LEXINGTON, Va. - The interim superintendent for the Virginia Military Institute said he's considering changes to its student-run justice system over concerns that it expels Black students at a disproportionately high rate.
The Washington Post reported Friday that retired Maj. Gen. Cedric T. Wins is reviewing the system following the newspaper's reporting and concerns voiced by a vocal group of prominent VMI graduates.
Wins was appointed VMI’s first Black leader amid a state-ordered investigation into racism at the nation's oldest state-supported military college.
He told the Post that he's considering a requirement that student juries must be unanimous before convicting a cadet. He's also considering barring the student-run court from naming an expelled cadet during “drum-out” ceremonies to the entire 1,700-member corps.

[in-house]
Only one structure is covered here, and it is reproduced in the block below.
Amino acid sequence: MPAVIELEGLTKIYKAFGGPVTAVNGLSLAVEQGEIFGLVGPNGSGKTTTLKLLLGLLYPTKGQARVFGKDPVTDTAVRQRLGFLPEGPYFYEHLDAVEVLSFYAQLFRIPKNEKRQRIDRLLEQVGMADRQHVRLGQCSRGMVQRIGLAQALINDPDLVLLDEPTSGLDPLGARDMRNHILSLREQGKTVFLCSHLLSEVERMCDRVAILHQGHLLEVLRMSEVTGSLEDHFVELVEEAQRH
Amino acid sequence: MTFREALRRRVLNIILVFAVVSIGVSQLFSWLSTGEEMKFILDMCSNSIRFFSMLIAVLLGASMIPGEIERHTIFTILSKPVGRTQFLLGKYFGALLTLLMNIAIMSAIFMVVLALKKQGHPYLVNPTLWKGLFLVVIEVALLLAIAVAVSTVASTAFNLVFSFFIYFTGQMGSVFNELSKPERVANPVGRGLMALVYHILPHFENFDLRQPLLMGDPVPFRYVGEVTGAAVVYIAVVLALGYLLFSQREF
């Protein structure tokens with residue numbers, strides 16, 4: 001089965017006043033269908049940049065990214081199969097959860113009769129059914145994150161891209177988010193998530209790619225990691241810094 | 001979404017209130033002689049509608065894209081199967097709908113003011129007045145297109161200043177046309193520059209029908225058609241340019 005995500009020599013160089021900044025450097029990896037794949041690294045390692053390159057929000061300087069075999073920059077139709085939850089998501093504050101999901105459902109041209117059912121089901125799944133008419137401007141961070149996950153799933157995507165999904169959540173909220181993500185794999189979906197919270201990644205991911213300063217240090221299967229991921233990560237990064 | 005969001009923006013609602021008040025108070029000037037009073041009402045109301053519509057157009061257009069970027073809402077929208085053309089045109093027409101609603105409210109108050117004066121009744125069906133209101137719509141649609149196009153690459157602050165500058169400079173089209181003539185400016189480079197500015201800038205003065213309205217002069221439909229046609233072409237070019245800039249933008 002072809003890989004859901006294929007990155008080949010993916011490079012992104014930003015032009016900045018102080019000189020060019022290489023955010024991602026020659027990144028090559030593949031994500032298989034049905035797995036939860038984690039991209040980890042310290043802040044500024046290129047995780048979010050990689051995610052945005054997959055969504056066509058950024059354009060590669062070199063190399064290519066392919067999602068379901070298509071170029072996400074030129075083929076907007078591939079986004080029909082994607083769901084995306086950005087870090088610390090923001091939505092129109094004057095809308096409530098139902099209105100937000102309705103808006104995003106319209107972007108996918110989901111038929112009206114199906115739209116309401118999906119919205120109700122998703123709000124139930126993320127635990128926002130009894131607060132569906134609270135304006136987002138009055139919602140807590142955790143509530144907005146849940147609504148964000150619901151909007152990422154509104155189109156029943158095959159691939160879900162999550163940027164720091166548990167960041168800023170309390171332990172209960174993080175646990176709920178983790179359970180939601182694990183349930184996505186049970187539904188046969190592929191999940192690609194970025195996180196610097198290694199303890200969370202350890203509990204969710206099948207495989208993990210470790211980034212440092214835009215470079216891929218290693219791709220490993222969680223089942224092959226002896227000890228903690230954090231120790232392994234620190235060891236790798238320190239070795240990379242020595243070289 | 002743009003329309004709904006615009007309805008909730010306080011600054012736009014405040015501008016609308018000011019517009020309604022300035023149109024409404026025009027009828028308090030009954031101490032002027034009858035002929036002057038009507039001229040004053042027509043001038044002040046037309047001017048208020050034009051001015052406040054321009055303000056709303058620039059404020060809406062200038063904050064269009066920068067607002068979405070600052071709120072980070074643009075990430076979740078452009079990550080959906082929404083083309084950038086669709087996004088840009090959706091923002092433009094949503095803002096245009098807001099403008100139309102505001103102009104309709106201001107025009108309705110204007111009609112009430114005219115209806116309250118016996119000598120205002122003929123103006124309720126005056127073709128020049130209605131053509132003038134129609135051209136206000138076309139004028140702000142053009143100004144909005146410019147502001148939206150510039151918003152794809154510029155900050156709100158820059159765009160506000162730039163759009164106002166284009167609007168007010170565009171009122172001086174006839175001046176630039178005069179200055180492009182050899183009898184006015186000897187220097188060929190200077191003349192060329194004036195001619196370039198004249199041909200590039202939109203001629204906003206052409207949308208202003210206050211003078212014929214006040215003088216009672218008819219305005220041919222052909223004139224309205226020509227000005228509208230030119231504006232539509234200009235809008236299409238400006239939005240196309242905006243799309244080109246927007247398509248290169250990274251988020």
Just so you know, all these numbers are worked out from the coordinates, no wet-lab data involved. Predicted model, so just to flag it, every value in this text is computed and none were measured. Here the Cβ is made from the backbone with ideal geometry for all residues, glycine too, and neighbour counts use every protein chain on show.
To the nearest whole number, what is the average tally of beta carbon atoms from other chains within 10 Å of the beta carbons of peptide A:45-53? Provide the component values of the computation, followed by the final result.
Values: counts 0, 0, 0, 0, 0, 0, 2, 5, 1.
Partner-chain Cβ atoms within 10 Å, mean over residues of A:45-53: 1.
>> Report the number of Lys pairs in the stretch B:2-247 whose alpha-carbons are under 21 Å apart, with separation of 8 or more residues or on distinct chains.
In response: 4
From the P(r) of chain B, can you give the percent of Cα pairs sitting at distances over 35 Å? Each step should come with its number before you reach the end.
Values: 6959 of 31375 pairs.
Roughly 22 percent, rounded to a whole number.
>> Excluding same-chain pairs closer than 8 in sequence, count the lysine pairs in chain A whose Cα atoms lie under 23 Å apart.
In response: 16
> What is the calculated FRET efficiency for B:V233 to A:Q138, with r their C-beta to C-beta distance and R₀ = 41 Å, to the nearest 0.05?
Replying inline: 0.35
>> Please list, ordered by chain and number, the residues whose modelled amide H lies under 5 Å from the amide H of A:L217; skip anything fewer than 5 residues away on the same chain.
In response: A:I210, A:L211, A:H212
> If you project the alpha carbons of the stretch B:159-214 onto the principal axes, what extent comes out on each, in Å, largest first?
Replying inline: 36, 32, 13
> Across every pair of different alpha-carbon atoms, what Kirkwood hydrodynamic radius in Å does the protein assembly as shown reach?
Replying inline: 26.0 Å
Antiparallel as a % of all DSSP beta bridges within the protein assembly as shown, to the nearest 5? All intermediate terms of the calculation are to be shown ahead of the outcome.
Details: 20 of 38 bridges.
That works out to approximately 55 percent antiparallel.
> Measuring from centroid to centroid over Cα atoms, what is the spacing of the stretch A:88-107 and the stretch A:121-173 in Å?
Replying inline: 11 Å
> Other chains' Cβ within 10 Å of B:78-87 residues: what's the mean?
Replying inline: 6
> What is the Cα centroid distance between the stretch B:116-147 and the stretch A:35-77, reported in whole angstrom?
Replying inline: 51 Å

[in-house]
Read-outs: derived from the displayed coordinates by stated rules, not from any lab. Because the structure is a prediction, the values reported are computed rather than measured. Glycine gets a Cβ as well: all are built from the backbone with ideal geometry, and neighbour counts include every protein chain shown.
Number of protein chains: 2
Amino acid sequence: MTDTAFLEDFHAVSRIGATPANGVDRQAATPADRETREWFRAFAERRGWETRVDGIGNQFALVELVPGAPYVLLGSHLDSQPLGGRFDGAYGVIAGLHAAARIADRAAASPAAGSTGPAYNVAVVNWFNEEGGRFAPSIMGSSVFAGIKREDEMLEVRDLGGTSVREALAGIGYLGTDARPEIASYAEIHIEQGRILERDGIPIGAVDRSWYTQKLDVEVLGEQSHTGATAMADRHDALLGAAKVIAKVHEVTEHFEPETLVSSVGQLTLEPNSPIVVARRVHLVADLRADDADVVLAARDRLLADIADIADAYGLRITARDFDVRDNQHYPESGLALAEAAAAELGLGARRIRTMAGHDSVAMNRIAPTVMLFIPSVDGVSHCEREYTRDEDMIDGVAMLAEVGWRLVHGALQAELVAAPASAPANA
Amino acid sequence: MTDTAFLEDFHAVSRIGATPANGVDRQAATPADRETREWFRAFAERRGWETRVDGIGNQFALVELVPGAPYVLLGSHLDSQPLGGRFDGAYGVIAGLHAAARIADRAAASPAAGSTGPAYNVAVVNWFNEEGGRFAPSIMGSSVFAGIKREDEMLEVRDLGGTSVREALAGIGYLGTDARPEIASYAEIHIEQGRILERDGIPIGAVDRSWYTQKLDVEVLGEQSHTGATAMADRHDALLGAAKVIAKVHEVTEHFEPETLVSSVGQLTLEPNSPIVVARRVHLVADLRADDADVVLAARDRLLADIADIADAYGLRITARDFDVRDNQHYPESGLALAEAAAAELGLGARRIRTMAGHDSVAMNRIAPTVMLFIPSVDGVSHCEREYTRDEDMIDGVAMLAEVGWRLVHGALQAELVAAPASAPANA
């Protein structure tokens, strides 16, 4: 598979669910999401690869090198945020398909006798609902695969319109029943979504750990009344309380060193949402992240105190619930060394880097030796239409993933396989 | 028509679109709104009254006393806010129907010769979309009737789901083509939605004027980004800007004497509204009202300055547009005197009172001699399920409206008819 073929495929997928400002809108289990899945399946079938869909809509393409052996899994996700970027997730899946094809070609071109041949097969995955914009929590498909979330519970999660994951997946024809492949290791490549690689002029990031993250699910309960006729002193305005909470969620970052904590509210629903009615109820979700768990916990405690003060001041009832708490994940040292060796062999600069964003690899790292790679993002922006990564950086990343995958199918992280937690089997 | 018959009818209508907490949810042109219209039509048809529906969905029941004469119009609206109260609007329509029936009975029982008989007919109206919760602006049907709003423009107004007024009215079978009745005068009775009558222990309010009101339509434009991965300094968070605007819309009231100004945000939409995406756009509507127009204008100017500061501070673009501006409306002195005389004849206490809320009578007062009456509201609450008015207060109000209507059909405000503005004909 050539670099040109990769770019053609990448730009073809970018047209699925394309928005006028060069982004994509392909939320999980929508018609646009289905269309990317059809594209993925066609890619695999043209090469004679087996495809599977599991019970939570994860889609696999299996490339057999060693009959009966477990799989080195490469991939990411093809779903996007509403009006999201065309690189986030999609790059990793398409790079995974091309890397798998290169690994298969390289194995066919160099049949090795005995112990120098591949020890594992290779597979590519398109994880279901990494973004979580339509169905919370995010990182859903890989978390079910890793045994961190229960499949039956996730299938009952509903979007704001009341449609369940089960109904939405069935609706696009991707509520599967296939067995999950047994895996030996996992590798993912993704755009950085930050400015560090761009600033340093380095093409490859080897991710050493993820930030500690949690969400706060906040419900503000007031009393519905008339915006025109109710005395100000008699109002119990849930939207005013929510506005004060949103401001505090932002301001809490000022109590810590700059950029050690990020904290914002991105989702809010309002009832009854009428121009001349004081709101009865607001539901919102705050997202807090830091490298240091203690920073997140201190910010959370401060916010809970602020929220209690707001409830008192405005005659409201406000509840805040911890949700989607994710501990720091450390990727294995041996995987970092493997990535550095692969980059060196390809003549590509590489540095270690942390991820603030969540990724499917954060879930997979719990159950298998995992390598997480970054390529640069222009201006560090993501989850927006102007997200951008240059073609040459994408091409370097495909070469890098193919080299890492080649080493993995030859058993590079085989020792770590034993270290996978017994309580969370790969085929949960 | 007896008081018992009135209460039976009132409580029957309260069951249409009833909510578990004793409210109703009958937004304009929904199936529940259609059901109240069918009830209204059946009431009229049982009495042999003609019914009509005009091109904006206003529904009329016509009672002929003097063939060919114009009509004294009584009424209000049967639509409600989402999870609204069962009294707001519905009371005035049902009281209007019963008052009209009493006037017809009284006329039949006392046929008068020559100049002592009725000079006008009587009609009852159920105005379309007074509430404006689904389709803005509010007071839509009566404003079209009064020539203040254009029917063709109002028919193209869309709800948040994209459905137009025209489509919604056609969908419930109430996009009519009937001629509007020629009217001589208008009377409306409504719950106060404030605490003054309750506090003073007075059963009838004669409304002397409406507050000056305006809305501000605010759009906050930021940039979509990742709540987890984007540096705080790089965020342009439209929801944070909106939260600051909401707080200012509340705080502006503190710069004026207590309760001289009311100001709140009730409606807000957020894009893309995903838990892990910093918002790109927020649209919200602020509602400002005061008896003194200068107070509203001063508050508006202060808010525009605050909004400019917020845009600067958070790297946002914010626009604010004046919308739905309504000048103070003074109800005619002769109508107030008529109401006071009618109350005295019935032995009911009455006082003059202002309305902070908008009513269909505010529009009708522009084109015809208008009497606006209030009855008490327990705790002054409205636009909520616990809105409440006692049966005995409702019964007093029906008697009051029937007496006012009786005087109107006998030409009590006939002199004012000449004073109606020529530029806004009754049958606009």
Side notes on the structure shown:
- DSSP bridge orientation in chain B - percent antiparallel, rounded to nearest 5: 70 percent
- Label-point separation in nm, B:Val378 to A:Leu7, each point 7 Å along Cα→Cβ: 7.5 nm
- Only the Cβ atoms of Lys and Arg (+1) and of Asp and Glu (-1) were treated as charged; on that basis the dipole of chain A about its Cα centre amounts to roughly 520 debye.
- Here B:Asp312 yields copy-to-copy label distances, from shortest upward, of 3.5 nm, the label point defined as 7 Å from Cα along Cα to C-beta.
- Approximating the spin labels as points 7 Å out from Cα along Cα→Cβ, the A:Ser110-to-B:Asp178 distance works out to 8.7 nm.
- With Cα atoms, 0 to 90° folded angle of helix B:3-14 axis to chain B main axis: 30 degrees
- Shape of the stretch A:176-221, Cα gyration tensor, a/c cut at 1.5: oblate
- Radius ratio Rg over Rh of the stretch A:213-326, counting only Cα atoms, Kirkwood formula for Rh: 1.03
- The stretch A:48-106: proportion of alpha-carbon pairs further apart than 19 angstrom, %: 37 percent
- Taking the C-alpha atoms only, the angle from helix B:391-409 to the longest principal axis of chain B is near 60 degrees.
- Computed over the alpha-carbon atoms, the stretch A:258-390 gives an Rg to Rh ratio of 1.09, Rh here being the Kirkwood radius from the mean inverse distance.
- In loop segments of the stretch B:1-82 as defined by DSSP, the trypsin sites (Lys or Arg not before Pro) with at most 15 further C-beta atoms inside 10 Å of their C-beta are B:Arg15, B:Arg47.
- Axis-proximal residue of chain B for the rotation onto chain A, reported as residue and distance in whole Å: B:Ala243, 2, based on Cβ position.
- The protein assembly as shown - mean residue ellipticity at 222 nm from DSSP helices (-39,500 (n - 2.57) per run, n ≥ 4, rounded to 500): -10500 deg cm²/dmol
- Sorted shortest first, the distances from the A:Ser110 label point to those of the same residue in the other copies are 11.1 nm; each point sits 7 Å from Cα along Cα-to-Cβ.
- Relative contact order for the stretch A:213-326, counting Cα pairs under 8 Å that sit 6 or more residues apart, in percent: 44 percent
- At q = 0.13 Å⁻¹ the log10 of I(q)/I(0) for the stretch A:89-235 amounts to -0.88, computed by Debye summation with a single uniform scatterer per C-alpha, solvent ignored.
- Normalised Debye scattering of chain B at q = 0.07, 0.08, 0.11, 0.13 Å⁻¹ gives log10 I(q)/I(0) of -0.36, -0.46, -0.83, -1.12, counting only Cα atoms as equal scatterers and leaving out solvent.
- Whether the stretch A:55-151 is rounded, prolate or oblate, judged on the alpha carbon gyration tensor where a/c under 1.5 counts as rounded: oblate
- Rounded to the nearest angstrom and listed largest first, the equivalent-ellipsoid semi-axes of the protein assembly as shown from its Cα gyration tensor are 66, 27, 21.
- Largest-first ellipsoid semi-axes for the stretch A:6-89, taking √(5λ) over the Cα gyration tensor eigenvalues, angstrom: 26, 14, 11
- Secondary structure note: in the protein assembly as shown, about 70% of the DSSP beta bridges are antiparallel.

VMI’s Honor Court investigates anyone suspected of a violating a code that mandates that “a cadet will not lie, cheat, steal, nor tolerate those who do.”
The Post recently found that Black cadets represented about 43 percent of expulsions, even though they made up about 6 percent of the student body. Students of color made up about 54 percent of expulsions even though they constituted about 21 percent of VMI's population.
“I think the system requires a review,” Wins said. “You want to make sure that the system, as it was intended to operate, has not kind of fallen off path, or deviated or strayed from its overall objectives and its intent.”